There’s No Need to Rethink Desert: A Reply to Pummer


Pummer (Philosophical Review 123(1): 43–77, 2014) ingeniously wraps together issues from the personal identity literature with issues from the literature on desert. However, I wish to take issue with the main conclusion that he draws, namely, that we need to rethink the following principle: Desert.: When people culpably do very wrong or bad acts, they deserve punishment in the following sense: at least other things being equal they ought to be made worse off, simply in virtue of the fact that they culpably did wrong—even if they have repented, are now virtuous, and punishing them would benefit no one. (Pummer Philosophical Review 123(1):43–77, 2014: 43–44) Pummer offers an argument that is intended to show that this principle, along with widely-held views about personal identity, entails an inconsistent triad of propositions. I agree. But I think Pummer's argument attacks a straw man. I believe that no-one holds Desert, at least as it is stated, and that once the principle is stated correctly it is easy to see that no inconsistent triad follows from it. So, Desert does not need rethinking. It just needs to be stated correctly.

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  1. 1.

    Pummer is clear that this argument fails for a limited number of views about personal identity, e.g. the Simple view according to which there is a (brute) fact in cases of fission about which of the resultant persons is identical with the original. But Pummer assumes for the sake of argument that any such view is false. (Pummer 2014: 46) At any rate, his argument should be endorsed by anyone who holds one of a wide variety of views on personal identity, including the views advanced by Shoemaker (1984), Parfit (1971), Lewis (1976) and Olson (1997). So Pummer’s argument has a wide scope.

  2. 2.

    See McLeod et al. (2013) for an excellent overview of the literature on desert. McLeod’s review contains references to seventy-two philosophers nearly all of who explicitly endorse the view that desert has at least these three ingredients.

  3. 3.

    Incidentally, Numbers Matter FUSION (which, remember, is (ii) of the Fusion Problem) implies both (1.) Dorothy deserves the same punishment as the resultant person in Multi Fusion, and (2.) Carol deserves less punishment than the resultant person in Multi Fusion. But (1.), (2.) and (i) of the Fusion Problem (i.e. Dorothy deserves the same punishment as Carol) are mutually inconsistent. So, no matter what one says regarding (iii) of the Fusion Problem (i.e. Division Multiplies Desert), if one maintains Desert one must reject either (i) or (ii).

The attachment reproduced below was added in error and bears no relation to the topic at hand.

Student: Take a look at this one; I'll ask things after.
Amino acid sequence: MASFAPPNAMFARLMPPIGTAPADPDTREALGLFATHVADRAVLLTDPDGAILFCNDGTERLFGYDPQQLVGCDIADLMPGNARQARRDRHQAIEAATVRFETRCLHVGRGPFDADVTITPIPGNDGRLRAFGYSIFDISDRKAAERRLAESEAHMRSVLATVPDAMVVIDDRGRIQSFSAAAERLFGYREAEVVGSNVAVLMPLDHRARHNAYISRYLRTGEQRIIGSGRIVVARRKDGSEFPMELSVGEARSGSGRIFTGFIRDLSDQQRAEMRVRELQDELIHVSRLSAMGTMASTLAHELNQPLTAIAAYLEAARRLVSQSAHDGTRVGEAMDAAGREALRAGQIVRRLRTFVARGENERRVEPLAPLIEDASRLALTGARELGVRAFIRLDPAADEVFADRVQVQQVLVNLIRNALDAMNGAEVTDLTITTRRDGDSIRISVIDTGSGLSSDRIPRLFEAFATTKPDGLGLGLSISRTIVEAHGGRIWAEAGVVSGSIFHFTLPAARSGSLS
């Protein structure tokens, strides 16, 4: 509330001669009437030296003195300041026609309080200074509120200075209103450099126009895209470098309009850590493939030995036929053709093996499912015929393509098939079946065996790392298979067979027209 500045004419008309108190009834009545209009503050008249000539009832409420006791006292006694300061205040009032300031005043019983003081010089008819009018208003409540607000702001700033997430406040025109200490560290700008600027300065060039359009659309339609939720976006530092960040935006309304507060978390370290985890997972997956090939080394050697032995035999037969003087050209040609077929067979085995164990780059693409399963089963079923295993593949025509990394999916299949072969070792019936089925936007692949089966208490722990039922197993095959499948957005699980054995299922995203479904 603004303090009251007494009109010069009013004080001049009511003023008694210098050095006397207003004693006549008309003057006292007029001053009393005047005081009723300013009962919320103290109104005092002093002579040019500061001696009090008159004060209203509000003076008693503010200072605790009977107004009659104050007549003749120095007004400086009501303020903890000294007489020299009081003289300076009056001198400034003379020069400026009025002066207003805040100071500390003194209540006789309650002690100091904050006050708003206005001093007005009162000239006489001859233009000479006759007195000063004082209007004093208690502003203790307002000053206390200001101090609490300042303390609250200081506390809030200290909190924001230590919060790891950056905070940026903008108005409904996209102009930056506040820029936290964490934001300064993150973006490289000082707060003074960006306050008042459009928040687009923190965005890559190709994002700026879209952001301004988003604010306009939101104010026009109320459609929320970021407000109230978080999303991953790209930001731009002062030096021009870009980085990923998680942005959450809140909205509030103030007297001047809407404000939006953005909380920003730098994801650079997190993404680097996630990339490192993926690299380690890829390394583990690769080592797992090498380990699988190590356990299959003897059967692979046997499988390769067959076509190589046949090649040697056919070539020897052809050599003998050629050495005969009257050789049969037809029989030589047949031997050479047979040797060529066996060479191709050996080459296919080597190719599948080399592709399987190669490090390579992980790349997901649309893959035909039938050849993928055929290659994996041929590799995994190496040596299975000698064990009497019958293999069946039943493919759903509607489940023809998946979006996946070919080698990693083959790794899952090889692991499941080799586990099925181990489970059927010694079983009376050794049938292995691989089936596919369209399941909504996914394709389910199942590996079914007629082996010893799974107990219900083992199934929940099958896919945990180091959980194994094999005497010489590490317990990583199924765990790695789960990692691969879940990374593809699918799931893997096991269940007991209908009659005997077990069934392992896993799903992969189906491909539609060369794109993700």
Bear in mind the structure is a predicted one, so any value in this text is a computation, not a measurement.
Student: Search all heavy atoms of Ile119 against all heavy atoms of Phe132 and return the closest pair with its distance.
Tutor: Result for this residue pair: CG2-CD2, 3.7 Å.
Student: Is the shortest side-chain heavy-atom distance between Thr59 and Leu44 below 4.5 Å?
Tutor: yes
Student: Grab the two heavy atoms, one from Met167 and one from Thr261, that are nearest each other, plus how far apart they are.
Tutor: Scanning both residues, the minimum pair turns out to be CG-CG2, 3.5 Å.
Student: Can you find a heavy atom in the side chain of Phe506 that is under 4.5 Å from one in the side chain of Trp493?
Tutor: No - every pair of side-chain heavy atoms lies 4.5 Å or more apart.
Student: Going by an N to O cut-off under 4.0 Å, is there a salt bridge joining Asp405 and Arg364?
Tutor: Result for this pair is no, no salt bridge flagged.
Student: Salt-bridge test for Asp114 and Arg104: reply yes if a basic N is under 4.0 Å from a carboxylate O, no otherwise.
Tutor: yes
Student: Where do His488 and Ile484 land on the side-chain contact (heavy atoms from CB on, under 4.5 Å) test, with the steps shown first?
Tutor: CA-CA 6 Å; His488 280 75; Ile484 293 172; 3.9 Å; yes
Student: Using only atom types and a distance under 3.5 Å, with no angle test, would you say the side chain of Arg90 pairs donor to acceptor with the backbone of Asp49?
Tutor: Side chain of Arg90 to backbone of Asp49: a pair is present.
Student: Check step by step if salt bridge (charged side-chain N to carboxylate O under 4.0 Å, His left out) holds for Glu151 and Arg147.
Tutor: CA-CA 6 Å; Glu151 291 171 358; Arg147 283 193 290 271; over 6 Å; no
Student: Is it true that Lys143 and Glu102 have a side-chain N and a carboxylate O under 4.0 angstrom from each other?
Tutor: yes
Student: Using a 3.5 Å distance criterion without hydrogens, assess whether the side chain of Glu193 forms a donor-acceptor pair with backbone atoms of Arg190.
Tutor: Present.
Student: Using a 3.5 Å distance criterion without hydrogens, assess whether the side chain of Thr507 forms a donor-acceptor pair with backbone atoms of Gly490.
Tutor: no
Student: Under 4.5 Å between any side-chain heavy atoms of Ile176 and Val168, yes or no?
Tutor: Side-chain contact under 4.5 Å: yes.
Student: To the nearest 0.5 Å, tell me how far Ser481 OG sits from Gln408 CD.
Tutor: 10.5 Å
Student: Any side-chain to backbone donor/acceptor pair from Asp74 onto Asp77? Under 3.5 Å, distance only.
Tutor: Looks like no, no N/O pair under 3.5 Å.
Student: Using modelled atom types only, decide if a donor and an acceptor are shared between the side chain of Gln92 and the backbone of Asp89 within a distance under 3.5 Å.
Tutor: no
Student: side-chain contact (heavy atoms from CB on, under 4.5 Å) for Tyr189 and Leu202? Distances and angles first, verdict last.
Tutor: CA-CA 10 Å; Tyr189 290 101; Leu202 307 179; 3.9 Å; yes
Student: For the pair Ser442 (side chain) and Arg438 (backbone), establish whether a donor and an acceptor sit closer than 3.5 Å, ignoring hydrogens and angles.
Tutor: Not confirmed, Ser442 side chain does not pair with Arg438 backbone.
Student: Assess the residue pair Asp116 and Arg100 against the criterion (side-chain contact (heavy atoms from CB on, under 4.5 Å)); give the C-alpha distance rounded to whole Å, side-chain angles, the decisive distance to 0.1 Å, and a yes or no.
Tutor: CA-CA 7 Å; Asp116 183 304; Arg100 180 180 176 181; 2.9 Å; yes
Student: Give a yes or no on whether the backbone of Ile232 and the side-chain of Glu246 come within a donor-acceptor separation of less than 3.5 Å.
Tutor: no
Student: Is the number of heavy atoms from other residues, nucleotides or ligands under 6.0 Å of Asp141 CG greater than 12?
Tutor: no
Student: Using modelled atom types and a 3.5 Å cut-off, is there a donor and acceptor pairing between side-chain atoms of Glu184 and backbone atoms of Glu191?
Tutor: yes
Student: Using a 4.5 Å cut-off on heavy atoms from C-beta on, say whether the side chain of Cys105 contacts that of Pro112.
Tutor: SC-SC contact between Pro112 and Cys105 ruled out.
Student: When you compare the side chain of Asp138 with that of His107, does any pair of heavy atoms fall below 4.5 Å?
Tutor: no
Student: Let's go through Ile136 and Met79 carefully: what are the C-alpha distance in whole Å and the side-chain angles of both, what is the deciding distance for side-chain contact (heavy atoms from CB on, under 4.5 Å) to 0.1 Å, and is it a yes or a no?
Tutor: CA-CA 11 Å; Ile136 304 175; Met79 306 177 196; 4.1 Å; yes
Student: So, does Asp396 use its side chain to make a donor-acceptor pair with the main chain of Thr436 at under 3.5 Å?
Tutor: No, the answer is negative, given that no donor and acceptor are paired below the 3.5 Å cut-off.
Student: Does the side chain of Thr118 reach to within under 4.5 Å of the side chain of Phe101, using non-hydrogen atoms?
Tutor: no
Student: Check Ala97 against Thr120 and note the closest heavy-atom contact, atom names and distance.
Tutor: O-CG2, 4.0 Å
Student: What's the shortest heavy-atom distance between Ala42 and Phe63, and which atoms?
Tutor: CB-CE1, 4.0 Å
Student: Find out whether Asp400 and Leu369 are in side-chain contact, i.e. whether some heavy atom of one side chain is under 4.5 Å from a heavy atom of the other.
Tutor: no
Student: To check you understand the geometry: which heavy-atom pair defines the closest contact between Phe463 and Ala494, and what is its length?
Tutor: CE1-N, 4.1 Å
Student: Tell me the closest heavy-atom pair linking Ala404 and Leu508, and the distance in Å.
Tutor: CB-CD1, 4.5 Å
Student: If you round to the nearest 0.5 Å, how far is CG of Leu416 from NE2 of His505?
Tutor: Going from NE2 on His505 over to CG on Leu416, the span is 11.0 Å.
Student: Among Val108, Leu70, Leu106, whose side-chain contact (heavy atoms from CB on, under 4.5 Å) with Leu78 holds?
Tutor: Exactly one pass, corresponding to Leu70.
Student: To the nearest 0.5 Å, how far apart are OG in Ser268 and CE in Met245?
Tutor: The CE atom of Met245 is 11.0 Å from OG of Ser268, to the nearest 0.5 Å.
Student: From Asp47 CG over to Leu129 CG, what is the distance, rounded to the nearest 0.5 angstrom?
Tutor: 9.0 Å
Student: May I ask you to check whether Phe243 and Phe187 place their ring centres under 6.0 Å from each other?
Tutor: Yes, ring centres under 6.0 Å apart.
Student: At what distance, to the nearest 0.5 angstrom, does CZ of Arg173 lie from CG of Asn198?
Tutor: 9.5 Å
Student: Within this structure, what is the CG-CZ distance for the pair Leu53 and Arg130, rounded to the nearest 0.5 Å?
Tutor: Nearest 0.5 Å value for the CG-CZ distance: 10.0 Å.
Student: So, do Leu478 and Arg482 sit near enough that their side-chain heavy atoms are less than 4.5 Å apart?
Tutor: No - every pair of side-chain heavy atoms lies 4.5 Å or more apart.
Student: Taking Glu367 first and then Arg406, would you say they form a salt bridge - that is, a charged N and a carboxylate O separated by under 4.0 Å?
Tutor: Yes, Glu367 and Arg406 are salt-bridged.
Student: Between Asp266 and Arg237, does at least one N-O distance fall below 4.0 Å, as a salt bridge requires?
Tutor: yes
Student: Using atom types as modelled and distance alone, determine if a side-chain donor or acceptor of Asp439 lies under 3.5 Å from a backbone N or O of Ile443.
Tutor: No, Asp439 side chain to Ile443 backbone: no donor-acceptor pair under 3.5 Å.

4. 4.

    Incidentally, I don’t think Numbers Matter actually has anything to do with Desert. I am inclined to say that in the cases that it applies to each person deserves exactly the same amount of punishment as they would deserve were we able to give them as much individual punishment as we wanted (so, no matter how large n is, each n still deserves 20 years of punishment). It is just that, in such cases, we have no way to give everyone the punishment they deserve. The issue here, then, seems to me to be one of fairness, i.e. the issue is how to punish each fairly given that each deserves a certain amount of punishment. Cases like First Angela Divides, by contrast, concern how much punishment we should give to a single person, and so do concern issues of desert. At any rate, I here concede for the sake of argument that Numbers Matter does concern Desert, i.e., I concede for the sake of argument that our intuitions about how much punishment we should give to each person are intuitions not about fairness but about how much punishment they deserve.


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Correspondence to Benjamin L. Curtis.

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Curtis, B.L. There’s No Need to Rethink Desert: A Reply to Pummer. Philosophia 43, 999–1010 (2015).

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  • Desert
  • Personal identity